Certification, Inspection and Re-Inspection

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Load Testing to 750,000 lbs.

As an industry, we place a great deal of importance on the quality of our lifting and rigging equipment when it is purchased. But we also need to equally consider the quality of our certification, inspection and re-inspection services.

Delta Rigging and Tools has been a leader in this area, providing customers with the quality inspections and innovative certification processes that they need.

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For more on how Delta Rigging & Tools is making a difference in the area of Certification, Inspection and Re-Inspection, go HERE.

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Delta Rigging & Tools – When Every Lift Counts™

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Helpful Summary: OSHA Guidelines on Safe Operating practices for Slings

GENERAL REQUIREMENTS AND INSPECTION CRITERIA FOR SLINGS

Safe operating practices (OSHA 1910.184)

Whenever any lifting sling is used the following practices shall be observed:

  1. Slings that are damaged or defective shall not be used.
  2. Slings shall not be shortened with knots or bolts or other makeshift devices.
  3. Sling legs shall not be kinked.
  4. Slings shall not be loaded in excess of their rated capacities.
  5. Slings used in a basket hitch shall have the loads balanced to prevent slippage.
  6. Slings shall be securely attached to their loads.
  7. Slings shall be padded or protected from the sharp edges of their loads.
  8. Suspended loads shall be kept clear of all obstructions.
  9. All employees shall be kept clear of loads about to be lifted and of suspended loads.
  10. Hands or fingers shall not be placed between the sling and its load while the sling is being tightened around the load.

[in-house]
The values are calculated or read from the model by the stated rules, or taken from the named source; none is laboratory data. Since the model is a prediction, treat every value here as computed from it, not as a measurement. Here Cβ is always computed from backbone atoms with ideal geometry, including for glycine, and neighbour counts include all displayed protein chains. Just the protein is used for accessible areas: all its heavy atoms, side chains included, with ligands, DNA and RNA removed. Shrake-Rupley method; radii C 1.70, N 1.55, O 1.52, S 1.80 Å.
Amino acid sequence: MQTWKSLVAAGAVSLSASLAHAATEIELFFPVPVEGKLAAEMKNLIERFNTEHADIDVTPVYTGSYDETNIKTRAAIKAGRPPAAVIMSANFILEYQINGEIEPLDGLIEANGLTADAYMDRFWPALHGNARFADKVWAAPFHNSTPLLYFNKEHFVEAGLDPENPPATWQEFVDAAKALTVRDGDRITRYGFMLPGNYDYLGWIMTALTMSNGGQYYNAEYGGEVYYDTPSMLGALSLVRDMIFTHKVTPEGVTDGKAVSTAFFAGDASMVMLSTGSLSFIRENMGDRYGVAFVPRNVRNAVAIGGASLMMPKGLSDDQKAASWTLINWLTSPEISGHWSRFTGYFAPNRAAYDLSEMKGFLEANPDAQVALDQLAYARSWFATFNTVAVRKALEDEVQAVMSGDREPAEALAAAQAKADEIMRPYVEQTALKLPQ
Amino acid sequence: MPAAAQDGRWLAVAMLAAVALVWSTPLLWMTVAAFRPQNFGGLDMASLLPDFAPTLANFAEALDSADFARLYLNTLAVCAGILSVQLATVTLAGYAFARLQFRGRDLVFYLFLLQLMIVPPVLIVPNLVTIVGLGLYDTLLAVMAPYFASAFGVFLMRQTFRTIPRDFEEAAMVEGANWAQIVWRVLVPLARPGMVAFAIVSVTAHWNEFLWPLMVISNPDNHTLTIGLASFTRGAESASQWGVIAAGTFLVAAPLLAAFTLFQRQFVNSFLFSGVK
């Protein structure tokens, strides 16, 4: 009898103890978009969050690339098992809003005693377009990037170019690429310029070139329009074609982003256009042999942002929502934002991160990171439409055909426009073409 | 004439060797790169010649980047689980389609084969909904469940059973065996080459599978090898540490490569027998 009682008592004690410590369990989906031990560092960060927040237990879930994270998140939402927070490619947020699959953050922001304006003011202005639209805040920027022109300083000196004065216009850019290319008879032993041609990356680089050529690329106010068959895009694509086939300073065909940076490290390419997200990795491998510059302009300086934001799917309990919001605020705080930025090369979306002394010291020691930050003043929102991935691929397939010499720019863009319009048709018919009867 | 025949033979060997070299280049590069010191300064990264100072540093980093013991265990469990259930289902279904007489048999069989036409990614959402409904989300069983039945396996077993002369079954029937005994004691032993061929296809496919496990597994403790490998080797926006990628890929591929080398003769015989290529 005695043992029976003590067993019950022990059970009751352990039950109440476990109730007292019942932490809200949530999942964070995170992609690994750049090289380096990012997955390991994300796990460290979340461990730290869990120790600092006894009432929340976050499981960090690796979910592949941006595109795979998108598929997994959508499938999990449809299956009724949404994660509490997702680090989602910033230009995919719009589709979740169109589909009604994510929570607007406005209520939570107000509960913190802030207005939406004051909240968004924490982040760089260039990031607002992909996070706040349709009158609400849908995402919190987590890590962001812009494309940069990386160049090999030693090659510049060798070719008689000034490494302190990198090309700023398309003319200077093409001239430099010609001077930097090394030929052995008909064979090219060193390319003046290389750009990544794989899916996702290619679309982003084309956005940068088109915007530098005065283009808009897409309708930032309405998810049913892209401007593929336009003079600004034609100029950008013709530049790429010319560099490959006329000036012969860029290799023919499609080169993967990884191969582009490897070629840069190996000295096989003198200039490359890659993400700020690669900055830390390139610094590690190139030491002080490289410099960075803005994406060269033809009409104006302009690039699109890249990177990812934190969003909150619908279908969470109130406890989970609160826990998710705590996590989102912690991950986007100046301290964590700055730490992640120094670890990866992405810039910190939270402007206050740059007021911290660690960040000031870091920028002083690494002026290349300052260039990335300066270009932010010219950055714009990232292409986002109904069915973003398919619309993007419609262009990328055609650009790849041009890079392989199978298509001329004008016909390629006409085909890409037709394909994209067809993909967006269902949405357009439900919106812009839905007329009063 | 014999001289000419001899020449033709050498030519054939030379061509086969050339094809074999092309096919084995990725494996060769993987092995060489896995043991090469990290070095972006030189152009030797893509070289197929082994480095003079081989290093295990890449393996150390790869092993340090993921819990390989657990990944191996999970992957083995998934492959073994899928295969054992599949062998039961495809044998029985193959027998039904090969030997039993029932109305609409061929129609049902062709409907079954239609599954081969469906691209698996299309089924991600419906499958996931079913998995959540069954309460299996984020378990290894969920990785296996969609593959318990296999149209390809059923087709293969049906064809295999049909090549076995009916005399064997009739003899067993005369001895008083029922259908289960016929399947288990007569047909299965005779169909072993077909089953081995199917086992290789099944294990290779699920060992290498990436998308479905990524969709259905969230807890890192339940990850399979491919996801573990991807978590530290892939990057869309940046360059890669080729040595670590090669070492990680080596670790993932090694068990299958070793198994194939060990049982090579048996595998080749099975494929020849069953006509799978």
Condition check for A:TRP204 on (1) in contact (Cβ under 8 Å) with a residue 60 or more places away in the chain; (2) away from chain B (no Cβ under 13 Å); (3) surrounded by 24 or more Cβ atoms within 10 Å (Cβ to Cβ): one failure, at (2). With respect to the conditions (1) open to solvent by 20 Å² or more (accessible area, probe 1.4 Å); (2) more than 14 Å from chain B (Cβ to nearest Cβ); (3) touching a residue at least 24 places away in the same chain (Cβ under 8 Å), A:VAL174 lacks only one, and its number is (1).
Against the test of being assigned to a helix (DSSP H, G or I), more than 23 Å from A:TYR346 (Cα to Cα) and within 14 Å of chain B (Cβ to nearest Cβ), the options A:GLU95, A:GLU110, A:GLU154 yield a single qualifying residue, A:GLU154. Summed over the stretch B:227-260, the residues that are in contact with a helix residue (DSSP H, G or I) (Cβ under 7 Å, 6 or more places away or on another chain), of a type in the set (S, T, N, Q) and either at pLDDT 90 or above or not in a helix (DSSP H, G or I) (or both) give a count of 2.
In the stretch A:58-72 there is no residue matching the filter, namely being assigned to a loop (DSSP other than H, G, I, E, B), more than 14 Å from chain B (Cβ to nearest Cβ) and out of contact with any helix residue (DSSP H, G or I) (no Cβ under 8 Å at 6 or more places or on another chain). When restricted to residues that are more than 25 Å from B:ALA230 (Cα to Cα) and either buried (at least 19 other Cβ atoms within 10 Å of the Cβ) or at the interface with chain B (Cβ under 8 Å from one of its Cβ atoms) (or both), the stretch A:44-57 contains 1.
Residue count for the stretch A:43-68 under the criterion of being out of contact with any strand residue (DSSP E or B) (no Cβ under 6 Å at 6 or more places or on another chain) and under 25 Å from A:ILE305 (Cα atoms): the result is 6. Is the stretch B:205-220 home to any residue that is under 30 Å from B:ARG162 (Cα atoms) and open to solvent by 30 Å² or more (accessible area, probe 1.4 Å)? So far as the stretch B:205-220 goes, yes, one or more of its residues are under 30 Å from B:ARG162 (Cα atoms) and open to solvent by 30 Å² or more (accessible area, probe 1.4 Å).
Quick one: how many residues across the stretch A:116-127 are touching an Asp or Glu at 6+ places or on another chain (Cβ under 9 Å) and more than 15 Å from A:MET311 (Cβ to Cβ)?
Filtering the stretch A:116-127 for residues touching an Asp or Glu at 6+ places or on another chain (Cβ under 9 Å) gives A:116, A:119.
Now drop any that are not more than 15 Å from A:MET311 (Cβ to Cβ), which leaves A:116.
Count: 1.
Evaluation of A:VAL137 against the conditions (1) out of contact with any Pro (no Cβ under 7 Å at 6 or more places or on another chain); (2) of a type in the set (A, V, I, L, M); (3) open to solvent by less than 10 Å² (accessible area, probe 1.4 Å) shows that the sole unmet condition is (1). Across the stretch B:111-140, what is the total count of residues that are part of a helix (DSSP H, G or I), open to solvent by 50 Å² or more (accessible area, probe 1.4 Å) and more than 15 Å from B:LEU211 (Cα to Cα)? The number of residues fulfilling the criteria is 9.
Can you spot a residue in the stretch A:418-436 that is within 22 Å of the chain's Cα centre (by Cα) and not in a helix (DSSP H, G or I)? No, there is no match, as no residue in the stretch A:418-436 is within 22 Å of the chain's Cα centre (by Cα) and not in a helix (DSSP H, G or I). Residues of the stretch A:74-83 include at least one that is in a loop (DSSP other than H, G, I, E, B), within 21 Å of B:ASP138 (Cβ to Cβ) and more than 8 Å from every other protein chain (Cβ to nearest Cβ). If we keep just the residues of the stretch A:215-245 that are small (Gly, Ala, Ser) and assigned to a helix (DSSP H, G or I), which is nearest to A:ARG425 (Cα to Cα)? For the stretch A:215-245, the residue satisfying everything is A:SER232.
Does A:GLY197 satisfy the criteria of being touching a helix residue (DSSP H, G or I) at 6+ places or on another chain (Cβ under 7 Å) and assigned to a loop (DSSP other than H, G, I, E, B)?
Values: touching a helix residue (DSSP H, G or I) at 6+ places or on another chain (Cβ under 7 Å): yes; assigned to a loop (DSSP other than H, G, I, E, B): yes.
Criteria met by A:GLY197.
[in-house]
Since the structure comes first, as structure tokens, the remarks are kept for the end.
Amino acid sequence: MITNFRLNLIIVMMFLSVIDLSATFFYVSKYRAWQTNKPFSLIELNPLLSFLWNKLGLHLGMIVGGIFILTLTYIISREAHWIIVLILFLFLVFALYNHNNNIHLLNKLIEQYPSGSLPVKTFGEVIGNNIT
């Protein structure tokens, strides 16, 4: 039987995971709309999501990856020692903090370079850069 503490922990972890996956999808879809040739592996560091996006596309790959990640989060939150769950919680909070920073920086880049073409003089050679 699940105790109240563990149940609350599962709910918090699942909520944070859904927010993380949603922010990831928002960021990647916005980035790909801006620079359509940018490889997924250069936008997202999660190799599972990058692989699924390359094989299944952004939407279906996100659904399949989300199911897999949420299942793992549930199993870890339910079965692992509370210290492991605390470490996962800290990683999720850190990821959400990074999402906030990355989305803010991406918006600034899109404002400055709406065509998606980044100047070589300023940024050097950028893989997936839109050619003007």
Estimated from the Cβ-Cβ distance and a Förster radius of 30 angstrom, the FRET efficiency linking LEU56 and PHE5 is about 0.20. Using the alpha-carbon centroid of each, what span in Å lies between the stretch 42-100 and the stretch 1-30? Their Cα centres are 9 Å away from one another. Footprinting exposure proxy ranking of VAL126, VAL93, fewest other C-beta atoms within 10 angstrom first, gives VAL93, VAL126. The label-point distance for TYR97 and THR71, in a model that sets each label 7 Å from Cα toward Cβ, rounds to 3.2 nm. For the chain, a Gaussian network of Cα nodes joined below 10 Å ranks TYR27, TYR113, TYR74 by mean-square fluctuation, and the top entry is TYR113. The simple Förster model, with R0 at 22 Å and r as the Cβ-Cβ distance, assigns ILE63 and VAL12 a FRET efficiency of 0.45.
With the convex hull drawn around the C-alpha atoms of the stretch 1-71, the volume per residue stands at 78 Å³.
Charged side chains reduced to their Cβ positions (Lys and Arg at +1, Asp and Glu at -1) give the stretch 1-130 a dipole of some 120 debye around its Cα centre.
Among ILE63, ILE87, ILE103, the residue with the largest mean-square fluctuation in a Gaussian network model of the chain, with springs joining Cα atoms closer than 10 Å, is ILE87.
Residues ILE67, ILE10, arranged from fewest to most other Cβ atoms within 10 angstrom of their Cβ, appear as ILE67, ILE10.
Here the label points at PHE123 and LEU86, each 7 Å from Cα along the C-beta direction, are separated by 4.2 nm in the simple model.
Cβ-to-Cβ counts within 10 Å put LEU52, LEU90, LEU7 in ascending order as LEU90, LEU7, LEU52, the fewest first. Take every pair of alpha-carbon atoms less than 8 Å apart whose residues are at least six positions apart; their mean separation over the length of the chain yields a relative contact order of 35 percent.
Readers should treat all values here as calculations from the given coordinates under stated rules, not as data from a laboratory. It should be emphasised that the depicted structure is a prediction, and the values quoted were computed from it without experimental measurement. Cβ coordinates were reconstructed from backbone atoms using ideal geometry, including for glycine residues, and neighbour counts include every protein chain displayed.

11. Shock loading is prohibited.
  12. A sling shall not be pulled from under a load when the load is resting on the sling.

Inspections – Each day before being used, the sling and all fastenings and attachments shall be inspected for damage or defects by a competent person designated by the employer. Additional inspections shall be performed during sling use where service conditions warrant. Damaged or defective slings shall be immediately removed from service.

REMOVAL CRITERAWire Rope Slings (ASME B30.9) – A wire rope sling shall be removed from service if conditions such as the following are present:

  1. Missing or illegible sling identification.
  2. Broken Wires exceeding limit (See OSHA for limitations).
  3. Severe localized abrasion or scraping.
  4. Kinking, crushing, bird caging, or any other damage resulting in damage to the rope structure.
  5. Evidence of heat damage
  6. End attachments that are cracked, deformed, or worn to the extent that the strength of the sling is substantially affected.
  7. Severe corrosion of the rope, end attachments, or fittings.
  8. For hooks, removal criteria at stated in ASME B30.10.
  9. Other conditions, including visible damage, that cause doubt as to the continued use of the sling.

Nylon Web Slings (ASME B30.9) – A synthetic web sling shall be removed from service if conditions such as the following are present:

  1. Missing or illegible sling identification.
  2. Acid or caustic burns.
  3. Melting or charring of any part of the sling.